If building a new commercial property or renovating your existing building, you may be replacing its roof or choosing a new one. Many businesses and organisations decide flat roofs are the best choice, and you have probably noticed them throughout towns and cities close to where you live, whether its office blocks or retail premises rather than the pitched roofs we’re used to seeing with residential houses. But what are the benefits of flat roofing for commercial properties?

Why do commercial buildings have flat roofs? Discover the benefits of flat roofing for commercial properties, including space, access, materials & cost. Find out how businesses choose cost effective roofing solutions.More Space

Flat roofing in large commercial builds creates more space both internally and externally. In houses with pitched roofs, the top floor (i.e. the attic or loft) often has reduced headroom, so keeping a flat roof on top of the building ensures the upper level can be used like any of the other floors. Many businesses or landlords use the extra space on top of the building wisely too (e.g. for mechanical equipment), maximising the square footage. In fact, in many types of large multi-storey building, the roof is even used as a car park.

Easy Access

While expert roofers can repair any type of roof, in larger commercial buildings, having a flat roof can make maintenance and repair work easier. One downside of a flat roof is that water can pool there rather than the run-off produced by pitched roofs, so you may need to be aware of snow removal techniques and safety when temperatures drop to freezing levels. It’s not hard for flat roofs to become an ice rink in the winter. That said, it’s easier to inspect the roof for damage both before and after extreme weather, keeping on top of repair work.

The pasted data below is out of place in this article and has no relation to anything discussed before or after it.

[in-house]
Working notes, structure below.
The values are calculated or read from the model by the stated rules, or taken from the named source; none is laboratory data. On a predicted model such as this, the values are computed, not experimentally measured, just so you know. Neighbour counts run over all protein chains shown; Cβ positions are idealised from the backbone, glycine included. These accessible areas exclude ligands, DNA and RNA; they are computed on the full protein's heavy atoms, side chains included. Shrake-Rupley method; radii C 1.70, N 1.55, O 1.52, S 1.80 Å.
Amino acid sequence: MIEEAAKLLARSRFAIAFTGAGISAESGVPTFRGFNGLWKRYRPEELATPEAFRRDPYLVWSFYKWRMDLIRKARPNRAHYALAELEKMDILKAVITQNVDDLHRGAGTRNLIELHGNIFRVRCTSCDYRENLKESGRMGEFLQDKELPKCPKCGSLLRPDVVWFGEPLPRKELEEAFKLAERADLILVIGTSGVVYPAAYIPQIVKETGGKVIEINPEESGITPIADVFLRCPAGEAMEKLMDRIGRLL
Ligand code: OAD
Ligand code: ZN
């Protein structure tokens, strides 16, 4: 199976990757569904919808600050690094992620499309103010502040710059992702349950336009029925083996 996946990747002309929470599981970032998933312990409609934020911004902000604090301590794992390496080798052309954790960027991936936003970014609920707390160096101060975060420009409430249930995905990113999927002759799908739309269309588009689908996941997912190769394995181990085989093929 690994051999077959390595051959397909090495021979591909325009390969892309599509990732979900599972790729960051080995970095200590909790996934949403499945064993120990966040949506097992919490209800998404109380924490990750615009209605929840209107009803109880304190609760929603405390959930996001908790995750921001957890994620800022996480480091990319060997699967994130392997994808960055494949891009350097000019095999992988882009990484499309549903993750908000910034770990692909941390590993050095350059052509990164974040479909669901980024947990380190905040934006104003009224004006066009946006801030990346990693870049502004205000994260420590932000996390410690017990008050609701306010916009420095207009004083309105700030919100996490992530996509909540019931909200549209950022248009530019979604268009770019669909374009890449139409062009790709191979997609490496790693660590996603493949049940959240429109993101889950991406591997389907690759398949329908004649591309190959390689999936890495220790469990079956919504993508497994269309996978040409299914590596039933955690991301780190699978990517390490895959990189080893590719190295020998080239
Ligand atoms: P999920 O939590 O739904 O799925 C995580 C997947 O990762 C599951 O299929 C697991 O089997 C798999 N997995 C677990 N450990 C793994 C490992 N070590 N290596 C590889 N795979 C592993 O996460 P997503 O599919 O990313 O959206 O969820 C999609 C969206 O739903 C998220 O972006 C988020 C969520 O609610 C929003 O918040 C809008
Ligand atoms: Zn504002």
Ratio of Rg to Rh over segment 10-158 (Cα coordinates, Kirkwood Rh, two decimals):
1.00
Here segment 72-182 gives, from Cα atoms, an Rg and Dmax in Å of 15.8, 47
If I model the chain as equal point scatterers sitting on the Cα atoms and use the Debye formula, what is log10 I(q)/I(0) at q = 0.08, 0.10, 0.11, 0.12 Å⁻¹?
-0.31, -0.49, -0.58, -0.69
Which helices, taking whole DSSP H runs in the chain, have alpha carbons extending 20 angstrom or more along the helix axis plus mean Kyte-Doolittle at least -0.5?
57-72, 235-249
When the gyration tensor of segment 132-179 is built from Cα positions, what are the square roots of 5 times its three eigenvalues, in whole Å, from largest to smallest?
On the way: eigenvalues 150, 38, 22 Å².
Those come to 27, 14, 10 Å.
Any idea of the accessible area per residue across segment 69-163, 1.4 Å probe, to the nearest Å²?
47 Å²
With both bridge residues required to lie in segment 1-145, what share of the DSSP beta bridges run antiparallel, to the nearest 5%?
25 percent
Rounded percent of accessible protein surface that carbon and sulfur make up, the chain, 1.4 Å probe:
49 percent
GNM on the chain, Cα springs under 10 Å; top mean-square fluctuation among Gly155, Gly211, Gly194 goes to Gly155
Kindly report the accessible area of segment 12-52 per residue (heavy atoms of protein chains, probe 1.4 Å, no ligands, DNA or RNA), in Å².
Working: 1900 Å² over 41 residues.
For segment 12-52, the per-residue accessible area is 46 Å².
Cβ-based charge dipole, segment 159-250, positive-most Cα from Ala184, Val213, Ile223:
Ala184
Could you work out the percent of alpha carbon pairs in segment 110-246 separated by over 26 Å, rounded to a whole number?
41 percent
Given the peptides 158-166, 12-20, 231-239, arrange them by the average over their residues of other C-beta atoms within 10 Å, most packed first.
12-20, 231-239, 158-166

Cost Effective

Commercial properties are often much larger than houses, especially if the building houses several company offices, shops and restaurants. A sloped roof isn’t the best solution either structurally or financially, with flat roofs being a more cost effective choice for larger buildings. However you’ll need to implement a good water drainage system into the design, so this will need to be factored into the costs.

High Quality Materials

There’s a misconception that while pitched roofing often involves strong and robust tiles or slates, flat roofing is made from poor quality felt which rips and deteriorates over time. However, flat roofing techniques and materials have come a long way, with more durable and watertight options now available to help protect your building. This includes RubberBond FleecebackTM EDPM, liquid roofing and fibreglass flat roofing. If you still want a traditional material such as lead or bitumen felt, a reputable roofer who offers specialist flat roofing services can talk you through the advantages and disadvantages of each. Your final decision may depend on your commercial roofing needs, budget and the intended use of the roof.

Looking for a commercial flat roofer?

At South Thames Roofing, we offer a wide range of specialist services for both commercial and residential customers. We cover South London and Surrey, including properties in Twickenham, Roehampton and Putney. Call 0208 397 2900 to discuss your requirements.